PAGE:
Injured workers, union members and Labor politicians have rallied outside the Sydney office of NSW Premier Dominic Perrottet, calling the government a "disgrace" and demanding it clean up the state's embattled public insurer.
Injured worker Fred Smedes tried to deliver a letter to the premier on Thursday, but was turned away by the building's concierge.
The letter said icare and the NSW workers' compensation system had "lost their moral compass" and urged the premier to clean up the system.
"We were told that we're not allowed in the building, and that all correspondence has to go through an address," Mr Smedes told reporters.
Icare provides workers' compensation insurance to more than 329,000 public- and private-sector employers in NSW and their 3.2 million employees, and has recently been accused of being in dire financial straits and leaving sick workers in the lurch.
Mr Smedes said since he was injured at work 15 years ago, he has been subjected to chronic bureaucratic harassment from the NSW workers' compensation system.
The head of Unions NSW, Mark Morey, said he would send Mr Smedes' letter to every sitting MP in the state, but said the government had so far not properly engaged with workers.
"No one wants to deal with the fact that this government literally has blood on its hands for not looking after its workers," Mr Morey said.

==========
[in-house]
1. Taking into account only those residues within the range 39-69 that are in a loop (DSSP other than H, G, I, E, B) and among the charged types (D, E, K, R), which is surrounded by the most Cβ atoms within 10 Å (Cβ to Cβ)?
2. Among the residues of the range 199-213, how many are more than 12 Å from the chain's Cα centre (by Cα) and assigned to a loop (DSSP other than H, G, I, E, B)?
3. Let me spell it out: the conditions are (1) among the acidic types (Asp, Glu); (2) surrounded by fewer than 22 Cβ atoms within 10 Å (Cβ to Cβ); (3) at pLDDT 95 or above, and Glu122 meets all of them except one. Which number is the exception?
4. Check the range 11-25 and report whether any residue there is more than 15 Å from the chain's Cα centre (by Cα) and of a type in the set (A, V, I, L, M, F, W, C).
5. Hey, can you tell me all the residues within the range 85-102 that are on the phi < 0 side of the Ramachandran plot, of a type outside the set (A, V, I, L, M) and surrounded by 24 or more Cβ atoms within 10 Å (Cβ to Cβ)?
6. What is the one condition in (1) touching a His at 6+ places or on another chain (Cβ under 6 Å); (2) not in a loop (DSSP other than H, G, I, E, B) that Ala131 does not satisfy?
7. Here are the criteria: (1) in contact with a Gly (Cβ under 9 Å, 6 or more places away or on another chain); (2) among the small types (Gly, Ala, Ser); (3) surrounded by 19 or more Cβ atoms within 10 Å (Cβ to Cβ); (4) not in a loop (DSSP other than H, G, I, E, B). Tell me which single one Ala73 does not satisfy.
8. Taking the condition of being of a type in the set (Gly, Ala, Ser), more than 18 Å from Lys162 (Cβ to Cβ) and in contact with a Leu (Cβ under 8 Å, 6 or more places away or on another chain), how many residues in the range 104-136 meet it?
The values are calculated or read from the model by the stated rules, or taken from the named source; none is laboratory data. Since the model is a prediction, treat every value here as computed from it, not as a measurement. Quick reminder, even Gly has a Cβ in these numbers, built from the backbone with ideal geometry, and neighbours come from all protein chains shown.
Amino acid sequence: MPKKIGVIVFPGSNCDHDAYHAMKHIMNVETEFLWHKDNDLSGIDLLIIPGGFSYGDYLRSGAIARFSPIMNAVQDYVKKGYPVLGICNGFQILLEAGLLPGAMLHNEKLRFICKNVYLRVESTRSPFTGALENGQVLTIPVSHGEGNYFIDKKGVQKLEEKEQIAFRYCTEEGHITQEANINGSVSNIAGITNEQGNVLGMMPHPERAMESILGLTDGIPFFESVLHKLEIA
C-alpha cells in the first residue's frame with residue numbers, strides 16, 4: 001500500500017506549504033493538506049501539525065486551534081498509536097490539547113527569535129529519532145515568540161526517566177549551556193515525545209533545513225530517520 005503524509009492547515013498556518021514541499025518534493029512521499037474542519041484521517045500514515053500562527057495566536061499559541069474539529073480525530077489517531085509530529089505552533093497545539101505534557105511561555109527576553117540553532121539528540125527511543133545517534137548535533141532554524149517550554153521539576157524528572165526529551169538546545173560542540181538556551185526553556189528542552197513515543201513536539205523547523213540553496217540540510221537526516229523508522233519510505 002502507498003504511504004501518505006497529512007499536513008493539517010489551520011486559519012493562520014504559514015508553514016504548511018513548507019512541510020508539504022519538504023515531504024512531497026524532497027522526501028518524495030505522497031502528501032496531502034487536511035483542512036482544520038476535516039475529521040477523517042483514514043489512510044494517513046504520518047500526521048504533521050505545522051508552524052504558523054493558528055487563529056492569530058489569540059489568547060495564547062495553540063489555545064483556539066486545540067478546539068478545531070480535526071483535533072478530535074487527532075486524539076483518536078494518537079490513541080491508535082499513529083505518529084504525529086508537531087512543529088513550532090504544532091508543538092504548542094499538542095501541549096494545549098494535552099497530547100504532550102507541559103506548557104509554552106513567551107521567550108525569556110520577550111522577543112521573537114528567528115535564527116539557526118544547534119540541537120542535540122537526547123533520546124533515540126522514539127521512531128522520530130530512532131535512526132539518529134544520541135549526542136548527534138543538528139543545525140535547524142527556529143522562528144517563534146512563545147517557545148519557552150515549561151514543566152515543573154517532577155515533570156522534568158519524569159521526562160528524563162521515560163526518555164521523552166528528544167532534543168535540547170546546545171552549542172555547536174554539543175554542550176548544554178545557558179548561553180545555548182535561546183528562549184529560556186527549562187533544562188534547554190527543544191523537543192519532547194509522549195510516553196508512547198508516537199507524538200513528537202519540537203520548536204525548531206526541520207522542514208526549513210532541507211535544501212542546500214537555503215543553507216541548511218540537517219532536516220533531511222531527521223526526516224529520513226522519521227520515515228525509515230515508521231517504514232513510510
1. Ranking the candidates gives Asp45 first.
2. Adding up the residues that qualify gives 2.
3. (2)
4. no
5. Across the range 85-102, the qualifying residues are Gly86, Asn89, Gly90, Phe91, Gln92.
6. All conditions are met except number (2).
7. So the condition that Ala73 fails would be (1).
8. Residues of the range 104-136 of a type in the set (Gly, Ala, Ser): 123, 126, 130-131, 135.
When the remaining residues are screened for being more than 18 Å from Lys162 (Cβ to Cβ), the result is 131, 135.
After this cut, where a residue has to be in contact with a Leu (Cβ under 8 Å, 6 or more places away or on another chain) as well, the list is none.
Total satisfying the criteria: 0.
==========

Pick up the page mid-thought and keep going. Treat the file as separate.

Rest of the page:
"It is a disgrace."
It is the second union-led protest outside the premier's Martin Place office in as many days, after hundreds of nurses rallied on Wednesday demanding better nurse-to-patient ratios in hospitals.
Earlier this week, a confidential August briefing note was released showing the state's treasury had expressed "significant concerns" about icare's financial position to Treasurer Matt Kean and Finance Minister Damien Tudehope.
The note said the insurer would soon need to commit to multi-year, significant increases to ensure its financial stability.
It said that to overcome its projected shortfalls, the insurer would have to lift premiums in 2025 by 33 per cent.
It comes after Mr Kean revealed in budget estimates this year that $1.9 billion was paid to bail out icare's fund for police, teachers and nurses.
Recently icare CEO Richard Harding became one of the few public servants in NSW on a salary of $1 million, while seven of the eight group executives from the insurer were given pay rises of more than $100,000.
The premier on Thursday dismissed claims the system was in financial trouble.
"The insurer is working through those issues and my expectation is that they get resolved as quickly as possible," Mr Perrottet told reporters.
Shadow treasurer Daniel Mookhey says executives at the insurer were continuing to benefit, while workers suffered worsening outcomes and rising premiums.
"No one is winning from icare except its executives," he said on Thursday.
"Small businesses are facing massive premium increases.
"Injured workers are losing their benefits and losing medical support, yet executives are walking away with massive bonuses."
This week Mr Kean rejected claims the insurer was in financial trouble, saying the government planned to get injured workers back on the job faster and improve icare's investments.
He accused Labor of wanting to raise insurance premiums on small businesses.
"That stands in stark contrast to the government's position: to keep premiums low and support injured workers and help them recover," Mr Kean said.